One of my favorite forms of winter squash is butternut. It’s sweet, slightly nutty, yet very easy on the glycemic index. It contains the same low carb profile as pumpkin, along with all the digestive and skin benefits too. Butternut squash is excellent to make your own fries with in the oven, roast it into cubes or you can roast it whole and eat it mashed. The canned varieties are surprisingly good as well, and a great way to enjoy it if you can’t find it whole.
Never forget about the humble carrot! Fall and winter are the best times to enjoy carrots, and they keep for months if you buy them whole and wash and dry them appropriately. Carrots are rich in Vitamins A and C, along with potassium. They’re also rich in insoluble fiber, and great for your skin, eyes and hair. Carrots also contain a good bit of magnesium, which relaxes you and aids in muscle recovery, along with calming anxiety. They’re much easier to digest when well cooked, and very warming to the body this way as well. I specifically love them chopped into soups and well cooked.
Green beans are another winter veggie I happen to love. I’m not a snob to the no salt added canned varieties either. Green beans are great for you, and are very easy to digest as well. They also contain less starch than any other bean, and have a decent amount of protein. Green beans are rich in antioxidants, Vitamin C and a little iron as well. You can roast them, saute them or boil them. I prefer steaming them well to soften them, or enjoy them in soup.
I’m actually not a fan of eggplant, but many people are and it is excellent for you! Eggplant is rich in Vitamin C and antioxidants, along with fiber. In fact, its deep purple hues ensure it’s loaded with antioxidants that are great for your heart and skin. I recommend roasting it in slices to cook it well, since it can be a little difficult to digest. Eggplant is nice and firm so it holds up well in cooking and can even be a low carb replacement for breads or mini pizzas!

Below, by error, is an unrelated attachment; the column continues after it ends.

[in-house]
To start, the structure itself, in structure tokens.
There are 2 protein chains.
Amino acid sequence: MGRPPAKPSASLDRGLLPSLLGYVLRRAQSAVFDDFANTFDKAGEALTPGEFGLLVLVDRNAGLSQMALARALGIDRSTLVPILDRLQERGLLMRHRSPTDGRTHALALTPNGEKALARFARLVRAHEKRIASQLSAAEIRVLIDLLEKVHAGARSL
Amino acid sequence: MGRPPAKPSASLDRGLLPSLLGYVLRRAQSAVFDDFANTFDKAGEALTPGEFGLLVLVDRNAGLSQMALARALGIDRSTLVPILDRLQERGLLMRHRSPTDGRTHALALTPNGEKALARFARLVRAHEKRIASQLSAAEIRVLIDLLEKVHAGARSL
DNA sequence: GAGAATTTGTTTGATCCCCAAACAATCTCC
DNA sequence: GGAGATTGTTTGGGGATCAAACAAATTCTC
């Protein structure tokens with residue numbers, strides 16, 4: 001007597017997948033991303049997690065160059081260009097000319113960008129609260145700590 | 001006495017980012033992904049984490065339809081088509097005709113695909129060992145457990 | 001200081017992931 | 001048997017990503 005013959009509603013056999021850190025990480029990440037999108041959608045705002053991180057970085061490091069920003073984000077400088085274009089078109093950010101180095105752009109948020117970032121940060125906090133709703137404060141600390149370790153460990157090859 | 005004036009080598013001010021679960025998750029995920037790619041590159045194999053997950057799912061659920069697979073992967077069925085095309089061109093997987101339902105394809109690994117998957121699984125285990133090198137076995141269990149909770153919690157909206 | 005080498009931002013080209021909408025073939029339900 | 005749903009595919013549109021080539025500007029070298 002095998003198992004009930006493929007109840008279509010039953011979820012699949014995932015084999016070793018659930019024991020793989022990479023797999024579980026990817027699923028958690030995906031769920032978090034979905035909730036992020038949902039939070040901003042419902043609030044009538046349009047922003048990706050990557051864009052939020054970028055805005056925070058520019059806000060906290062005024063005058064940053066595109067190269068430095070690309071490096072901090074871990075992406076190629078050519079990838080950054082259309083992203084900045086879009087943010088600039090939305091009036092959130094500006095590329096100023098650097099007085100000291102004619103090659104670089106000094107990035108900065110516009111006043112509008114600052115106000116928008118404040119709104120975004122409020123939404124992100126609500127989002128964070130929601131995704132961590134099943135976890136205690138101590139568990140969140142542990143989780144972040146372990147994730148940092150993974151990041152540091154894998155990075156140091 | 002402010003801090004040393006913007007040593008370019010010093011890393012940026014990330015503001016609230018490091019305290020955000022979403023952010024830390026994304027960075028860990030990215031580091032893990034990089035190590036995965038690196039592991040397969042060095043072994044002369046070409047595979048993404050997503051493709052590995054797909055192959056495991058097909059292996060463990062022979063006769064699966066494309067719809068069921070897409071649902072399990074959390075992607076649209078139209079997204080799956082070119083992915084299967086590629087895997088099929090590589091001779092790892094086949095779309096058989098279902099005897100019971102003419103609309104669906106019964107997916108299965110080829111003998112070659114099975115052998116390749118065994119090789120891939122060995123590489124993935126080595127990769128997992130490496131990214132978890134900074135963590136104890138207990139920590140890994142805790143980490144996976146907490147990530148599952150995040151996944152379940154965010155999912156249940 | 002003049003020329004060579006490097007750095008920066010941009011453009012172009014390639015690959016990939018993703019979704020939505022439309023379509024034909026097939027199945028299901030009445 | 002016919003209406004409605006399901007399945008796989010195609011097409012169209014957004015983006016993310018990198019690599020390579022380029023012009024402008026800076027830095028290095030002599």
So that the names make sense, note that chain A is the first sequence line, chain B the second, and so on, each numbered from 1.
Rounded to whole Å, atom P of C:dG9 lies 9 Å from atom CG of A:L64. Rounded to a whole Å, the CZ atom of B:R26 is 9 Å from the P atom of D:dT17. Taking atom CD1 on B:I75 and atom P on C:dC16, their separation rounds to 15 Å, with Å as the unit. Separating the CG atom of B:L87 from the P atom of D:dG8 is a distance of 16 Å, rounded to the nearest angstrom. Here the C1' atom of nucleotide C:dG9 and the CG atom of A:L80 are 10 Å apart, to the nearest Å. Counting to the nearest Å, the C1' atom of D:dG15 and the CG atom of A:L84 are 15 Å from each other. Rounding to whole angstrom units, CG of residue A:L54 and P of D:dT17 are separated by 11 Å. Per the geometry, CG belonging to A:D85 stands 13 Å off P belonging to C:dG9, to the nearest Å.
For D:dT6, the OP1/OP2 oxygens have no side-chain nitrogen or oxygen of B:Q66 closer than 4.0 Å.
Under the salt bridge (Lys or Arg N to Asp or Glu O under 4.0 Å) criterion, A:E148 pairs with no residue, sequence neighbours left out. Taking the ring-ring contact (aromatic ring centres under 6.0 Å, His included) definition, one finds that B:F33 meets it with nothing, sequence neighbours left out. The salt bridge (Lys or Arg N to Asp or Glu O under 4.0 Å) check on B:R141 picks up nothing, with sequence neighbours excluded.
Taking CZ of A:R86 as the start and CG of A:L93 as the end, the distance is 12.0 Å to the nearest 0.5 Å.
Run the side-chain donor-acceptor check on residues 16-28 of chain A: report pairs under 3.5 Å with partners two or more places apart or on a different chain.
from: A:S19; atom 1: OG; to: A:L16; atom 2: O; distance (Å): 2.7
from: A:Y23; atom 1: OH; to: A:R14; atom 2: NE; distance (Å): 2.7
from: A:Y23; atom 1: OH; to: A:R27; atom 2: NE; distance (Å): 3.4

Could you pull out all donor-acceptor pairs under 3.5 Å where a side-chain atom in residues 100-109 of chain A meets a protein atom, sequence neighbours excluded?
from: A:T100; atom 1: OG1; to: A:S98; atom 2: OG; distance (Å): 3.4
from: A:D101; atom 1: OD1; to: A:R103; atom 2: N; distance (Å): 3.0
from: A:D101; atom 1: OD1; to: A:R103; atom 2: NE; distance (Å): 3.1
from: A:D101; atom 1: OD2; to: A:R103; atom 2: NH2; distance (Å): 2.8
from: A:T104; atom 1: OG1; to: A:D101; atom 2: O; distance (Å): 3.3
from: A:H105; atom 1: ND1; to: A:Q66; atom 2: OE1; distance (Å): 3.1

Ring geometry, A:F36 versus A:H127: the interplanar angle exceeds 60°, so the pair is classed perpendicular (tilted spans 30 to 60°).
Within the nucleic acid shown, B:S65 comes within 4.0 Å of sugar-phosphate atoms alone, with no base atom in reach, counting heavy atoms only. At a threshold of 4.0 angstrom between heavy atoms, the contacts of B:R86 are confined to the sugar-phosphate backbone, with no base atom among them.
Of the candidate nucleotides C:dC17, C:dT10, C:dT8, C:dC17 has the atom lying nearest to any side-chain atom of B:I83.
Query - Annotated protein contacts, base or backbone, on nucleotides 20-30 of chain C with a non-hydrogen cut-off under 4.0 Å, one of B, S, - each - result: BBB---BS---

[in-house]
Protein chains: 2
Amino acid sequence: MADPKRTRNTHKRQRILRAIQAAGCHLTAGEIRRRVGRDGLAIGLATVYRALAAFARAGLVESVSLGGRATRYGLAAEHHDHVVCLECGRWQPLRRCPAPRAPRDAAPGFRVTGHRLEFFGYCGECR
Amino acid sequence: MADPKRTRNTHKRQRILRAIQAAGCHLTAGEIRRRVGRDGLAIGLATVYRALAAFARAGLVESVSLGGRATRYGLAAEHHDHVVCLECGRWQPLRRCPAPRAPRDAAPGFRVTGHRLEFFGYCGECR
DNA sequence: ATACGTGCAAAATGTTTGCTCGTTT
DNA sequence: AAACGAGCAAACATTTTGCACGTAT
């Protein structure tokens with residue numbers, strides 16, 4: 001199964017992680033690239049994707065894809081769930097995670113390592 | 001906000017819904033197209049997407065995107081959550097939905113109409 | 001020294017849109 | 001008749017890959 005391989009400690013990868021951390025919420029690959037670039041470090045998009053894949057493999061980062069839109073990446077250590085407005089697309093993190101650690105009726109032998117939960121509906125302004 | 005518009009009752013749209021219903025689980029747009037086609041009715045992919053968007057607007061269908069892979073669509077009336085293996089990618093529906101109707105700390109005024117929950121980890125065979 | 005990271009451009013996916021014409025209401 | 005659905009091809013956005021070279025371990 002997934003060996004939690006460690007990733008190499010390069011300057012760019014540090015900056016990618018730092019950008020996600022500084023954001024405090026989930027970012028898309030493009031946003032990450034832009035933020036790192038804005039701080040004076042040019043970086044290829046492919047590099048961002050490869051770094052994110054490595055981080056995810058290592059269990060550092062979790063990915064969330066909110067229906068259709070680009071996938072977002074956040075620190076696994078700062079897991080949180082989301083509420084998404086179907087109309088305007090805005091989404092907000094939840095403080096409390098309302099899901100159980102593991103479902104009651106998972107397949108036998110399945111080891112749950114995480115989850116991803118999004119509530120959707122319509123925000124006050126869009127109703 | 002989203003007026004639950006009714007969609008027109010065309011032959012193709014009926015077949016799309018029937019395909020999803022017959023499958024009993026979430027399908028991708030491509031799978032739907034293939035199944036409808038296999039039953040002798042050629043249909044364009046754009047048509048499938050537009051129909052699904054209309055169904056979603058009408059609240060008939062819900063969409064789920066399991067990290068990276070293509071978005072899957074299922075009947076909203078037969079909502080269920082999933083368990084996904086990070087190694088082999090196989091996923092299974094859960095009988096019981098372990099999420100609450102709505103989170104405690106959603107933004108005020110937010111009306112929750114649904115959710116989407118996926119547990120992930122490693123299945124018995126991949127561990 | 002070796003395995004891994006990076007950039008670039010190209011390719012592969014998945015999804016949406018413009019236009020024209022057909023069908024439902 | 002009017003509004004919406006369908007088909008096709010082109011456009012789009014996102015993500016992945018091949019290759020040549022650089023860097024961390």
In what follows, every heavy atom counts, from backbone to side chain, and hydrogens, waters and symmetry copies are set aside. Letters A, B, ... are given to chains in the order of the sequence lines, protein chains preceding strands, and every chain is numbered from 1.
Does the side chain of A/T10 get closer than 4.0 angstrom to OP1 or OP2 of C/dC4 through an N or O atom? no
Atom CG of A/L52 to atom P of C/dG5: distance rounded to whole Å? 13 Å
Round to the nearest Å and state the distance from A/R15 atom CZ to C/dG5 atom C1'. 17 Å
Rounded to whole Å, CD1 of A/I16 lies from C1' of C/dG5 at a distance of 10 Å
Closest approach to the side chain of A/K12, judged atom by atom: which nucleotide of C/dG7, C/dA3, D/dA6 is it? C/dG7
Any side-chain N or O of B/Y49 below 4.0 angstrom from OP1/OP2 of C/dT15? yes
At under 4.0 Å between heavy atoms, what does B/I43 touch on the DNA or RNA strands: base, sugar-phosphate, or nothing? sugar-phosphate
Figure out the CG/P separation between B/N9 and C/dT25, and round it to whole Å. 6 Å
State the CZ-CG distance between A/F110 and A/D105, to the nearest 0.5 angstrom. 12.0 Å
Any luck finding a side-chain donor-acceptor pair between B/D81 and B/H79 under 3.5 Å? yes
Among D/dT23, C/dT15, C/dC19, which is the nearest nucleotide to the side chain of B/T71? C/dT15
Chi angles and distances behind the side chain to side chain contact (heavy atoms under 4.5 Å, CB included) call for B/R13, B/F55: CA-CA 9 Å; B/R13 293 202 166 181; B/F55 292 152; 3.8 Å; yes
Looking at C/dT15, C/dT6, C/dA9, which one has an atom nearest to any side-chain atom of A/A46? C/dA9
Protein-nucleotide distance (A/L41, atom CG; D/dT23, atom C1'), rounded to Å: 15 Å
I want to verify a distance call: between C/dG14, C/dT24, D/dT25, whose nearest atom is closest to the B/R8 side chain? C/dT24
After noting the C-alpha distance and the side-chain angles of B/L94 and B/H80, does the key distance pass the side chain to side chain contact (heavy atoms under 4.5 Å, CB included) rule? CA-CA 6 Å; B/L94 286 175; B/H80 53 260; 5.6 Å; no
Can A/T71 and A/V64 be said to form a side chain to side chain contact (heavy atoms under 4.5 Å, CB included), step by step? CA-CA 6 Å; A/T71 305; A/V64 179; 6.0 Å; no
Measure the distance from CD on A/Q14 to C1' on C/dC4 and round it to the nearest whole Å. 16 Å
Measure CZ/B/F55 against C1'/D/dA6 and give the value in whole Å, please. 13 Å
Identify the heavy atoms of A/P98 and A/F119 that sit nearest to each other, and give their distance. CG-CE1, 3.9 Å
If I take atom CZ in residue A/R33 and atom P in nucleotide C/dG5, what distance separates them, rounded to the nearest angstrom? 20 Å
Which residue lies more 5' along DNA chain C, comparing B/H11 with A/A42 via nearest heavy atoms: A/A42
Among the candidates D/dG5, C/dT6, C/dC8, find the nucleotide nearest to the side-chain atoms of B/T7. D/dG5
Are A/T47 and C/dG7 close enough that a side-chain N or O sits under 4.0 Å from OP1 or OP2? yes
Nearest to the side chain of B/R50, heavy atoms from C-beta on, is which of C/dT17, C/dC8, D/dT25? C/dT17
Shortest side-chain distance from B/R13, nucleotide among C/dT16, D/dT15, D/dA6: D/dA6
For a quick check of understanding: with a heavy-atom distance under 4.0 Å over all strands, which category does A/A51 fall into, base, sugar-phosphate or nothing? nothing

Just like butternut squash, acorn squash is a sweet squash, not like yellow summer squash. Acorn squash is probably one of my favorite squash varieties, and though it is very sweet, it’s pretty easy on the glycemic index, rich in Vitamins A and C and high in potassium to beat bloat. I love to roast it whole and cut it open into halves to enjoy it with a smear of coconut oil and cinnamon for a delectable dinner treat. It’s also great sliced into rings before baking, and really tasty the next day as a snack if you let it cool in the fridge overnight.
Kabocha squash has taken the healthy blogging world by storm. Almost every food blogger I know loves this squash, and with good reason. Kabocha squash is one of the sweetest squash varieties to get your hands on, and it’s amazing in density, sweetness and yet still very tender. It basically melts in your mouth, which is pretty incredible, let me tell you. It’s only available in the fall and winter months, so be sure to snag some up while you can. Kabocha, like all winter squash, is rich in Vitamins A and C, along with fiber, magnesium and potassium.
Be sure to consume a variety of winter veggies while you can. Summer will be here before you know it, and warming foods won’t sound as appealing as they do in the cooler months when you need something comforting, yet still healthy too. Do you have a favorite winter veggie? How do you like to cook it?